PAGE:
Source: A Short Guide to Understanding Olive Oil
I recently read Peggy Knickerbocker's mouthwatering book Olive Oil: From Tree to Table, and I was completely blown away by all of the things I learned about my very favorite ingredient. As it turns out, there is so much that goes into the processing of olive oil, and we should be rather selective in choosing our oils. Here are a few interesting facts:
- Olive trees thrive in Mediterranean climates, and therefore in locations such as Spain, North Africa, Italy, Greece, and California.
- The term "cold-pressed" olive oil signifies that no heat was applied during the pressing process.
- Any olive oil not labeled "extra-virgin" is a combination of extra-virgin oils and refined virgin oils. This blend of oils is best for any cooking process that requires high heat and doesn't need the distinct flavor of olive oil.
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- For any Mediterranean oil to qualify as "extra-virgin," it must be made from the mechanical extraction of olives, be cold-pressed, exhibit an acidity level of less than one percent, and possess a superior taste.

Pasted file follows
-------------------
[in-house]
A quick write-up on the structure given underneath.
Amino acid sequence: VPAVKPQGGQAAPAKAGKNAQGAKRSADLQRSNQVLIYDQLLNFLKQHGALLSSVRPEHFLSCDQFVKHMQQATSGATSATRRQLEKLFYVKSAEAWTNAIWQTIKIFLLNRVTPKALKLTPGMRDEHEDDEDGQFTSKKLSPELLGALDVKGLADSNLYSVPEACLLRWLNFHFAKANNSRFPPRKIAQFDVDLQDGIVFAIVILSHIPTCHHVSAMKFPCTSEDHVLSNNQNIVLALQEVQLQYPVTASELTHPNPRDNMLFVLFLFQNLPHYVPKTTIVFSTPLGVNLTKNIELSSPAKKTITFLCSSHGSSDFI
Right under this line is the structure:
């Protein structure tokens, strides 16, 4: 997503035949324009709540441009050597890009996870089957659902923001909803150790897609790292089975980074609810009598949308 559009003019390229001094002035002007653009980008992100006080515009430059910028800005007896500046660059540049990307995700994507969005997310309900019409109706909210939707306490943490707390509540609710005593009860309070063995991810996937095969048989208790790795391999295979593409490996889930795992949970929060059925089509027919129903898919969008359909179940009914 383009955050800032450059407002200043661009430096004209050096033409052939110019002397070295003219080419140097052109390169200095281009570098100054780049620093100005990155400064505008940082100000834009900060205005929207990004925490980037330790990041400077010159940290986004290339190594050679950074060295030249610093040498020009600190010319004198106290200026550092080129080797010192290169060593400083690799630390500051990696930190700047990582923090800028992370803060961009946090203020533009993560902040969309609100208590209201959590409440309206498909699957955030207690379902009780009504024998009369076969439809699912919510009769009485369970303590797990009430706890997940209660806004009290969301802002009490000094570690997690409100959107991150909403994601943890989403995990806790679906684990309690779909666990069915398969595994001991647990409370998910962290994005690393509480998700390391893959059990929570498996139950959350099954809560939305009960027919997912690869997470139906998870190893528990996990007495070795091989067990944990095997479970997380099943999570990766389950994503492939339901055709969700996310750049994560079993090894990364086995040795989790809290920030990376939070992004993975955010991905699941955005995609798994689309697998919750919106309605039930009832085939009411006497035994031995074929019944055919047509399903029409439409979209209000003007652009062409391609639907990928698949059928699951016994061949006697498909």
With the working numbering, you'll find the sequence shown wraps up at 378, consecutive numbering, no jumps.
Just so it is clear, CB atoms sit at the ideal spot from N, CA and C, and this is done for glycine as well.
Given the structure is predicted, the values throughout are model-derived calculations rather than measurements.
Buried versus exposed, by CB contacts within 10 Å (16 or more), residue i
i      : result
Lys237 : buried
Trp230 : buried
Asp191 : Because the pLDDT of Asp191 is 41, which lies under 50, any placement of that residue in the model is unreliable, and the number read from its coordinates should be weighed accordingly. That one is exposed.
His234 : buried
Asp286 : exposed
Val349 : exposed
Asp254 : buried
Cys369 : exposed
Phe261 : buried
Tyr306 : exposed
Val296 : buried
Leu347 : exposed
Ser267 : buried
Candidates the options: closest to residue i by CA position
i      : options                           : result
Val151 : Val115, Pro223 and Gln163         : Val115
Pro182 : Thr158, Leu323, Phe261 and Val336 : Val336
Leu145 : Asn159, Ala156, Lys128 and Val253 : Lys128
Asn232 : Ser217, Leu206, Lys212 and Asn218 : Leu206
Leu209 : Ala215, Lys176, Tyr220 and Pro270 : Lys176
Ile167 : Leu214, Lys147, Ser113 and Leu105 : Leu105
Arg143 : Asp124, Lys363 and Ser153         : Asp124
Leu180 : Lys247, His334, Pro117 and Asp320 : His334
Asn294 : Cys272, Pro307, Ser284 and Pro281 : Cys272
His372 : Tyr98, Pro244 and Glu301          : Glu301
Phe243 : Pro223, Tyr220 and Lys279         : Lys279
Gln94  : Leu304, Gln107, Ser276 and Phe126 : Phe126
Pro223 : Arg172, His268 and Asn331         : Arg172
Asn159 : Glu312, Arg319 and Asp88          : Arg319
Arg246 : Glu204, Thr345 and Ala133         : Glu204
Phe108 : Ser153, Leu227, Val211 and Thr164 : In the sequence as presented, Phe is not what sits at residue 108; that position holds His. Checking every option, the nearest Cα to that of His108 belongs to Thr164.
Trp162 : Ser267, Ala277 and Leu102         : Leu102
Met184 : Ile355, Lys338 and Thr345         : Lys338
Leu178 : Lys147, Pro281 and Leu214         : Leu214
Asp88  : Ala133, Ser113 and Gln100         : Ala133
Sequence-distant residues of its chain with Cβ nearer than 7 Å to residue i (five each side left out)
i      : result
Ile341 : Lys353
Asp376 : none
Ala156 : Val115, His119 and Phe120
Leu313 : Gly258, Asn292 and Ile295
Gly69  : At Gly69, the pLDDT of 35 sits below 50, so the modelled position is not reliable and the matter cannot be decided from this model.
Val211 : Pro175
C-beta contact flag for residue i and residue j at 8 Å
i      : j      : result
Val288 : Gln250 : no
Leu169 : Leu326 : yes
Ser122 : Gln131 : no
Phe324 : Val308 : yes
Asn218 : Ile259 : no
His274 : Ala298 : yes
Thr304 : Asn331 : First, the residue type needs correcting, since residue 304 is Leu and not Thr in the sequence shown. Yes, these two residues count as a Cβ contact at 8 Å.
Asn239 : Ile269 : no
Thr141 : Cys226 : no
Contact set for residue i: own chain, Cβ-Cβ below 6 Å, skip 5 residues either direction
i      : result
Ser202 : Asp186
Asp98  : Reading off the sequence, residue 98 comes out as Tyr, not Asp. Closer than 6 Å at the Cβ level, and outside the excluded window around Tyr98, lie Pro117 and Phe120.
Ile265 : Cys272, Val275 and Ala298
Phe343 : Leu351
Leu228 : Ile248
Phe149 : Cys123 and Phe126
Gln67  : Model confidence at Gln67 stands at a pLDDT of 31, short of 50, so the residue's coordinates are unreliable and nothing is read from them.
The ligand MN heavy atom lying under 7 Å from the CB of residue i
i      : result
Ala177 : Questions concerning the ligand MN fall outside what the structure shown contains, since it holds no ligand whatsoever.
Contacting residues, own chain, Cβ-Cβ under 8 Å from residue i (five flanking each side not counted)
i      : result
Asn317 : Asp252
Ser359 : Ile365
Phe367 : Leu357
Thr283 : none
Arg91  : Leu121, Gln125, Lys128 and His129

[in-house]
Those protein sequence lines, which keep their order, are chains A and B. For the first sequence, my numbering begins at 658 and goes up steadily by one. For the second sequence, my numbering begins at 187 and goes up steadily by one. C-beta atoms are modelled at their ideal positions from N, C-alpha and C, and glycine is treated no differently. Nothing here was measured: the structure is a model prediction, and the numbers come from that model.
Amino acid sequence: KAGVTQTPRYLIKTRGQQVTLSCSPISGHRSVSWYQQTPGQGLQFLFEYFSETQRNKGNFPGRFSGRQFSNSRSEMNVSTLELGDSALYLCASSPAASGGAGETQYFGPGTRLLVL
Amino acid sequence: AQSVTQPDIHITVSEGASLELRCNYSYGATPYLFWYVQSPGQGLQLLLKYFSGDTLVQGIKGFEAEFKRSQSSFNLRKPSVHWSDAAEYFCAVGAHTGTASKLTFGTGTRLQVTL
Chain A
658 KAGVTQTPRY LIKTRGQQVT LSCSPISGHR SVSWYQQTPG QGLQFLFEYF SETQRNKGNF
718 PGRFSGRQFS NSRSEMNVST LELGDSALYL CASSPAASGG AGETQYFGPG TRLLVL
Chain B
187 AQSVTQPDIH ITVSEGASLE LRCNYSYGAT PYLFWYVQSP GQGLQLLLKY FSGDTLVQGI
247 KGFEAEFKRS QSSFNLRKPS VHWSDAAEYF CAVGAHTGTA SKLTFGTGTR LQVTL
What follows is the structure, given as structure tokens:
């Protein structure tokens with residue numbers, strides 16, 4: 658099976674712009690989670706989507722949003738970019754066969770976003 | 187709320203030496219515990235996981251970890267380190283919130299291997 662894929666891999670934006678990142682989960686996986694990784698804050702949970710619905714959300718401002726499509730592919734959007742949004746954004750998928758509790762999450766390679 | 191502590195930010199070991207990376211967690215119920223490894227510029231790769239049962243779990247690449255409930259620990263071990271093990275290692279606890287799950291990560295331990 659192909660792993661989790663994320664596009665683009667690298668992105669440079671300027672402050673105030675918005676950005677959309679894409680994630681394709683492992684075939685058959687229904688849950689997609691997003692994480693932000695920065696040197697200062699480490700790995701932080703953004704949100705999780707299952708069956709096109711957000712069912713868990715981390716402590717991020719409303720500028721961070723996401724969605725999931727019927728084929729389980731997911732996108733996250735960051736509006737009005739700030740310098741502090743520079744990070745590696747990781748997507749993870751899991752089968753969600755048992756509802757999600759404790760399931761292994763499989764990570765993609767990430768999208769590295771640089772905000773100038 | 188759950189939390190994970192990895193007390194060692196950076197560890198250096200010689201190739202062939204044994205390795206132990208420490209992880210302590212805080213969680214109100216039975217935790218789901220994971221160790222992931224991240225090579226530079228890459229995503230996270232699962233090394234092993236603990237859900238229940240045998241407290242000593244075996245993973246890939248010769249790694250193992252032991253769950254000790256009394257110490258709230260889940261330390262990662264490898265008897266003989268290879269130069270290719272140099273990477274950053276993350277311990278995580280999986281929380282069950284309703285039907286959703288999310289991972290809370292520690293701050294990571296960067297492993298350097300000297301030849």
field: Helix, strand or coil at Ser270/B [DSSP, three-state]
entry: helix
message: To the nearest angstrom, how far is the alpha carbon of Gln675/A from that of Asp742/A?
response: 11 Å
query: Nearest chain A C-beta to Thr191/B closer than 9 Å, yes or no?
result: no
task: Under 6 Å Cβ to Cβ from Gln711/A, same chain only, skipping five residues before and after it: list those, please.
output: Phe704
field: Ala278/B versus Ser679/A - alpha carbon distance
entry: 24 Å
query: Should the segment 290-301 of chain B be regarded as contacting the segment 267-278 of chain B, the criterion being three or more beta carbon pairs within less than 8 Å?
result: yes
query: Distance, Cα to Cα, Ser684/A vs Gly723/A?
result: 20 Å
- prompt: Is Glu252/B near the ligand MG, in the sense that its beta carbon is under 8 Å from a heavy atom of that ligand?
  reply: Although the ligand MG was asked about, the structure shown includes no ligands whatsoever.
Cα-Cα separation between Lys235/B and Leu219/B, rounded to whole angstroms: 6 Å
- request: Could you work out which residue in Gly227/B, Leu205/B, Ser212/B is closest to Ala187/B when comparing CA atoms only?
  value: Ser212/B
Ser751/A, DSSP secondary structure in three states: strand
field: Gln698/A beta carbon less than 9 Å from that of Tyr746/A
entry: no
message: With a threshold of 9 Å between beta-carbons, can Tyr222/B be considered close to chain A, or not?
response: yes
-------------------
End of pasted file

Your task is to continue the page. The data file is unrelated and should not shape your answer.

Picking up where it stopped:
- Oils from different regions tend to have different flavor profiles. For example, Tuscan oils are known for being bold and peppery, while oils from Provence are light and fruity.
- Olive oil may be used in place of butter in most recipes; for each teaspoon of butter, substitute 3/4 teaspoon olive oil.
- To store your olive oil, keep it in a cool, dry place that's shielded from large amounts of light. We recommend storing bulk oil in old red wine bottles, as the green glass filters out light.
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